“I was drinking white wine,” says Mary Beard. “I can’t remember which type, but the glass was quite low by the end of the show.” The classicist, co-presenter of Civilisations and now the face and brains of Front Row Late is telling me how she got through the nerves of the first edition. “Live telly is absolutely scary, but we’re on an upward curve. Things aren’t born fully formed, you know.”
The arts review show is reinventing itself after a troubled launch in an early evening Saturday slot last year. Previous presenter Giles Coren left in January, but his card had been marked since boasting to RT in September 2017 that he “didn’t go to the theatre much”.
“I think he was a brave boy to say that,” Beard says. “But ours is going to be a bit of a different show.” Not least because she reads books, listens to music, takes in shows and sees films. And she goes to the theatre “more than Giles!”
So, what culture does Britain’s most cultured woman really like? Beard is 63, so her popular tastes are shaped by the late 1960s and the 1970s. “In the first series, I fronted an edition where we had David Gilmour [ ex-Pink Floyd] and I suppose my generation was the first to be really confident that their rock music was important, rather than just something that you listen to. But there’s also going to be a learning curve for me. I’m clearly going to have to get into grime, I know that.”
Before any hook-up with Stormzy she’ll be enjoying opera. “I’ve got a fantastic opera date coming up,” she says. “The director Peter Sellars, who I think is brilliant, is doing Mozart’s La Clemenza di Tito, about the Emperor Titus. And I love it when friends take me to Glyndebourne, which I couldn’t afford myself.” She can’t be hard up? “Everybody knows opera is expensive, but companies have been doing a lot to open up tickets and make them more affordable. And we should thank God for British museums and galleries that are still free. When you see that the new Monet exhibition at the National Gallery is £20 a ticket, it’s a substantial bit of cash.”
David Olusoga, Mary Beard and Simon
So, what other free art would she recommend? “The fourth plinth at Trafalgar Square is really extraordinary – it’s one of the great British cultural institutions. It gets really interesting, cutting edge bits of modern art into the public space. Go to Trafalgar Square and you see people are enjoying it, they’re talking about it, and they are talking about stuff which often you think, ‘If this was put in a rather posh gallery, people would be quite put off it.’ ”
And then there’s the library. “I’m afraid this sounds frightfully old-ladyish. I read Jane Eyre again, which I first read when I was 12.” Was she a happy 12-year-old? “I’m not quite sure that anyone on the cusp of being a teenager is happy exactly, but I had a good time, and I do remember being very struck by it; it’s the novel that’s stuck with me.” She has also just re-read Suetonius’s Lives of the Caesars, as she’s involved with The Silver Caesars: a Renaissance Mystery at Waddesdon Manor. “It’s Renaissance silverware and it’s absolutely stunning. Each piece is a different Roman leader.” Which sounds little like a busman’s holiday, as does her theatre going. “We’ve had some great Julius Caesars recently. I really enjoyed the RSC’s, when they did all the Roman plays, and I’ve seen Nicholas Hytner’s Julius Caesar at the Bridge Theatre [starring David Morrissey and Ben Whishaw].”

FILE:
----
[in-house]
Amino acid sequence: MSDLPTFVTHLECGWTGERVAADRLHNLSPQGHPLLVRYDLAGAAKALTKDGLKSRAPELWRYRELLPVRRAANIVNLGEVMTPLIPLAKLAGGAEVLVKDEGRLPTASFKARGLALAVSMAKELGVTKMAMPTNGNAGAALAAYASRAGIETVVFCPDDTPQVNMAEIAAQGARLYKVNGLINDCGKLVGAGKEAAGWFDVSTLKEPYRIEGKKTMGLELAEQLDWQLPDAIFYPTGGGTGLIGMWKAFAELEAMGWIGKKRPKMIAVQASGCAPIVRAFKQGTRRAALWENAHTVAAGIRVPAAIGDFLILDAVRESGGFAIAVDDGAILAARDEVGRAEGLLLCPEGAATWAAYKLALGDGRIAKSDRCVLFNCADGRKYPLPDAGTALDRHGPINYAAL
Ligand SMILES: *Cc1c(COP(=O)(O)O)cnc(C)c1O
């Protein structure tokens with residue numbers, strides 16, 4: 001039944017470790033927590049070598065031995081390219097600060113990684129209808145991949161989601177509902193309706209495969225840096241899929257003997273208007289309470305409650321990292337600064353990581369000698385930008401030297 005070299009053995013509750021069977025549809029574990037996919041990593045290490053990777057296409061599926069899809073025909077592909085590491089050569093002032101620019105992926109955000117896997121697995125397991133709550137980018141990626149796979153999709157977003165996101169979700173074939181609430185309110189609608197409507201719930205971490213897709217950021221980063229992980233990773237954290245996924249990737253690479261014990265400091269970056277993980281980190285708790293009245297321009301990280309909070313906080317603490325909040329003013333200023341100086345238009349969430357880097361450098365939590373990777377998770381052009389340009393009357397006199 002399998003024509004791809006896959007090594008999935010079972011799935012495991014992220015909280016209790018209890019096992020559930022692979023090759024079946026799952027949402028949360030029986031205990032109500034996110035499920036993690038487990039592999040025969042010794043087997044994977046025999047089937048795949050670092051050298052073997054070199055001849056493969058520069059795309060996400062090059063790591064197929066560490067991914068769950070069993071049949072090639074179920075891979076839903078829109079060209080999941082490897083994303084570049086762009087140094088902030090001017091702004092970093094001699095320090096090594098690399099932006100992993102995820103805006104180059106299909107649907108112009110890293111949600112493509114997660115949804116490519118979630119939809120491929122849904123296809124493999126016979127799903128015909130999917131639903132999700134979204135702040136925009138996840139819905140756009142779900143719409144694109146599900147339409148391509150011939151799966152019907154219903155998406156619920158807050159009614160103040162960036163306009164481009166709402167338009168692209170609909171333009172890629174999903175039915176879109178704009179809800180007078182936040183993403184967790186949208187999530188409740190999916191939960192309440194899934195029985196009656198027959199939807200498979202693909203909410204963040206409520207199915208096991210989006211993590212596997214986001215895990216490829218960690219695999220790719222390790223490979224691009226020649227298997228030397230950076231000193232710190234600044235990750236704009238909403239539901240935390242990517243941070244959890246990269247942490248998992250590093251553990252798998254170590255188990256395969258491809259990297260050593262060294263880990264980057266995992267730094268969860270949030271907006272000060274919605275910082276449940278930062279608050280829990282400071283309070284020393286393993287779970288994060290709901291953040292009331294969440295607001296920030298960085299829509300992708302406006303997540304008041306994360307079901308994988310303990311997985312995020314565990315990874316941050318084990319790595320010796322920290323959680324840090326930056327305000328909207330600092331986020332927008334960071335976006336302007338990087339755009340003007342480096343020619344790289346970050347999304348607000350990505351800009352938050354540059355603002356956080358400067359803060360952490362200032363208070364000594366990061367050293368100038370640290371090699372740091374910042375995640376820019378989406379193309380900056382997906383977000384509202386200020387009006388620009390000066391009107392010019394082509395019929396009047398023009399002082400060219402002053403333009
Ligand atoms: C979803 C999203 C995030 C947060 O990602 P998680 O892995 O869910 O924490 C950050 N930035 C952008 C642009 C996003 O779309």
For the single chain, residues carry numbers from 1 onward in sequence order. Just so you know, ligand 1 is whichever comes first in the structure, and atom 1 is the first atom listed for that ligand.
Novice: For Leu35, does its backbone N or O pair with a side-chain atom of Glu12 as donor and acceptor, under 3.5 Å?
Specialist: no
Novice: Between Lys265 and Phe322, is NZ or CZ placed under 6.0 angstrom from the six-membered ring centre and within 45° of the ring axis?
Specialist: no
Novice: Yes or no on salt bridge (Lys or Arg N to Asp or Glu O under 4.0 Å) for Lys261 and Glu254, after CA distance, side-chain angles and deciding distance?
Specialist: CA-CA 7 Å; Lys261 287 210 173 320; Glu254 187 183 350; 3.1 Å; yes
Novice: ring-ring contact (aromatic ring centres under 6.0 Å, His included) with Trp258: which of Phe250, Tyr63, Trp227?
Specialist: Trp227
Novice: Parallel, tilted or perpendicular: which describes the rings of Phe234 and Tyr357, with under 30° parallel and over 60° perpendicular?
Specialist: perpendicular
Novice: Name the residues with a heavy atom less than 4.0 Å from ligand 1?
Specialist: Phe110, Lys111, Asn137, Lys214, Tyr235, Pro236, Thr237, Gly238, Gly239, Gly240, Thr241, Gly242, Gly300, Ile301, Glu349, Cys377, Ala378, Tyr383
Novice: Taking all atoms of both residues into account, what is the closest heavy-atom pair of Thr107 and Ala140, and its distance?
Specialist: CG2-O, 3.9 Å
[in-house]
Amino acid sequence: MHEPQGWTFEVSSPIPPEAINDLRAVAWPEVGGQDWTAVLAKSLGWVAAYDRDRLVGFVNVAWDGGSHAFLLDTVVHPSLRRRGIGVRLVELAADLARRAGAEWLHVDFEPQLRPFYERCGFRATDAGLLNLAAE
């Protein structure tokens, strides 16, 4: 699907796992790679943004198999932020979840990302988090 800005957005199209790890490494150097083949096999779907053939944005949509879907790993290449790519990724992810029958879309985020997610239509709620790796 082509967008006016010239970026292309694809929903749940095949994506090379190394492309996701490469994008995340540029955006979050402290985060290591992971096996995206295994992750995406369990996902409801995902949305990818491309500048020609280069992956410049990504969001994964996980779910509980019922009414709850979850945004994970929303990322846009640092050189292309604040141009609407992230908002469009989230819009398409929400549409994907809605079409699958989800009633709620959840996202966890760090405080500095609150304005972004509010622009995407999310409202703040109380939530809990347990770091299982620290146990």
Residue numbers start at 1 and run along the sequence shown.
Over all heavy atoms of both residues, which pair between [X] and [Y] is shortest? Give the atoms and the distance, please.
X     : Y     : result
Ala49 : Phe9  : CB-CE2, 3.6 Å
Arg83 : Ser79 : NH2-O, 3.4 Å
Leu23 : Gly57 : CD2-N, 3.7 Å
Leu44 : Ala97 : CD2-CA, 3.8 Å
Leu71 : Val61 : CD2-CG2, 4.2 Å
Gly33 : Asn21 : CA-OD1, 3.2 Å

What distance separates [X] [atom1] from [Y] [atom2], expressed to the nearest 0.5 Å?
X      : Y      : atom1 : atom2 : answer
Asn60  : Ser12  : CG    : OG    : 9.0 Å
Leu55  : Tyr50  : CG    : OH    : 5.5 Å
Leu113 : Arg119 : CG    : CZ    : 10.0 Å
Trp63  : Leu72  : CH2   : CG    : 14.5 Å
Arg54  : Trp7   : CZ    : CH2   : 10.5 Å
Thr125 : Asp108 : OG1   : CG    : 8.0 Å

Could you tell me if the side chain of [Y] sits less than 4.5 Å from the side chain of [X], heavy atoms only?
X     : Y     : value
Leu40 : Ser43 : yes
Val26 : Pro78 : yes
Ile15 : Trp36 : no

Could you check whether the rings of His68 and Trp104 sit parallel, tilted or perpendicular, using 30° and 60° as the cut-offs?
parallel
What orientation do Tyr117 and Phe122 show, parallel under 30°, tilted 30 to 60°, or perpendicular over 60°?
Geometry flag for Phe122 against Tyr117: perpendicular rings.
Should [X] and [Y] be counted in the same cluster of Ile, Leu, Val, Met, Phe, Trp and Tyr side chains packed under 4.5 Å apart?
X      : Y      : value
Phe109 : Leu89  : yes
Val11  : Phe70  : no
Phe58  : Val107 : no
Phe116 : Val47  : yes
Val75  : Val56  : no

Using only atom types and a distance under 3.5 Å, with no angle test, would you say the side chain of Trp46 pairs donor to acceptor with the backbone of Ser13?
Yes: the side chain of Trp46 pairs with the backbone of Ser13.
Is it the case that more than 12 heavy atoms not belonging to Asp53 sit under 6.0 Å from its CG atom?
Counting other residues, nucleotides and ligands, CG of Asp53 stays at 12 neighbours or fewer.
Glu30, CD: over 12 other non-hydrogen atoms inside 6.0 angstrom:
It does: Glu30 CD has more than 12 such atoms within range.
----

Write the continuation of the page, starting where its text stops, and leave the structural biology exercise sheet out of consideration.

Does she call out corrections from the stalls – “That toga’s wrong” or “Caesar wouldn’t say that”? “I try to leave Mary Beard the classicist in the cloakroom but sometimes I bring her right into the stalls and get a lot out of that. I see something like Julius Caesar or even Gladiator, a big popular movie, and it shines a different light on things that I think I know well.”
Generally, she isn’t a fan of Hollywood. “Some Hollywood films are a bit tainted by what we’ve found out about what Hollywood is really like. I think we were a bit naive, to not know what was happening, but you can’t avoid it now. I’m certainly not going to say I won’t see a Woody Allen movie again.
“But what you’ve got to do is get your head around the fact that there’s this guy who makes brilliant movies, and we don’t really like him very much. There’s a wider issue about how we think about the creators of the works of art – everything that goes from their human frailty, to put it mildly, to something close to nastiness. It’s too simple to say, ‘Oh, I just won’t look at his films any more.’ ”
Is it OK to enjoy good work by bad men? “Take Tate Modern’s Picasso 1932: Love, Fame, Tragedy. It’s a great show, but the publicity was all: the great genius, so troubled because he’s got the wife at home and a mistress he is painting all the time! Well, it would have looked very different from his wife’s point of view!
“But I don’t think that we’re going to get very far if art by bad people is no longer up on display.” Not surprisingly, Beard doesn’t get much time for television but she swears by BBC iPlayer: “My generation think, ‘I’ll watch it live when it’s transmitted’, but iPlayer means the actual moment of transmission isn’t important any longer. It means you have the freedom to watch Front Row Late, whenever you like.” Perhaps with a glass of something white?
Front Row Late is on Friday night at 11.05pm on BBC2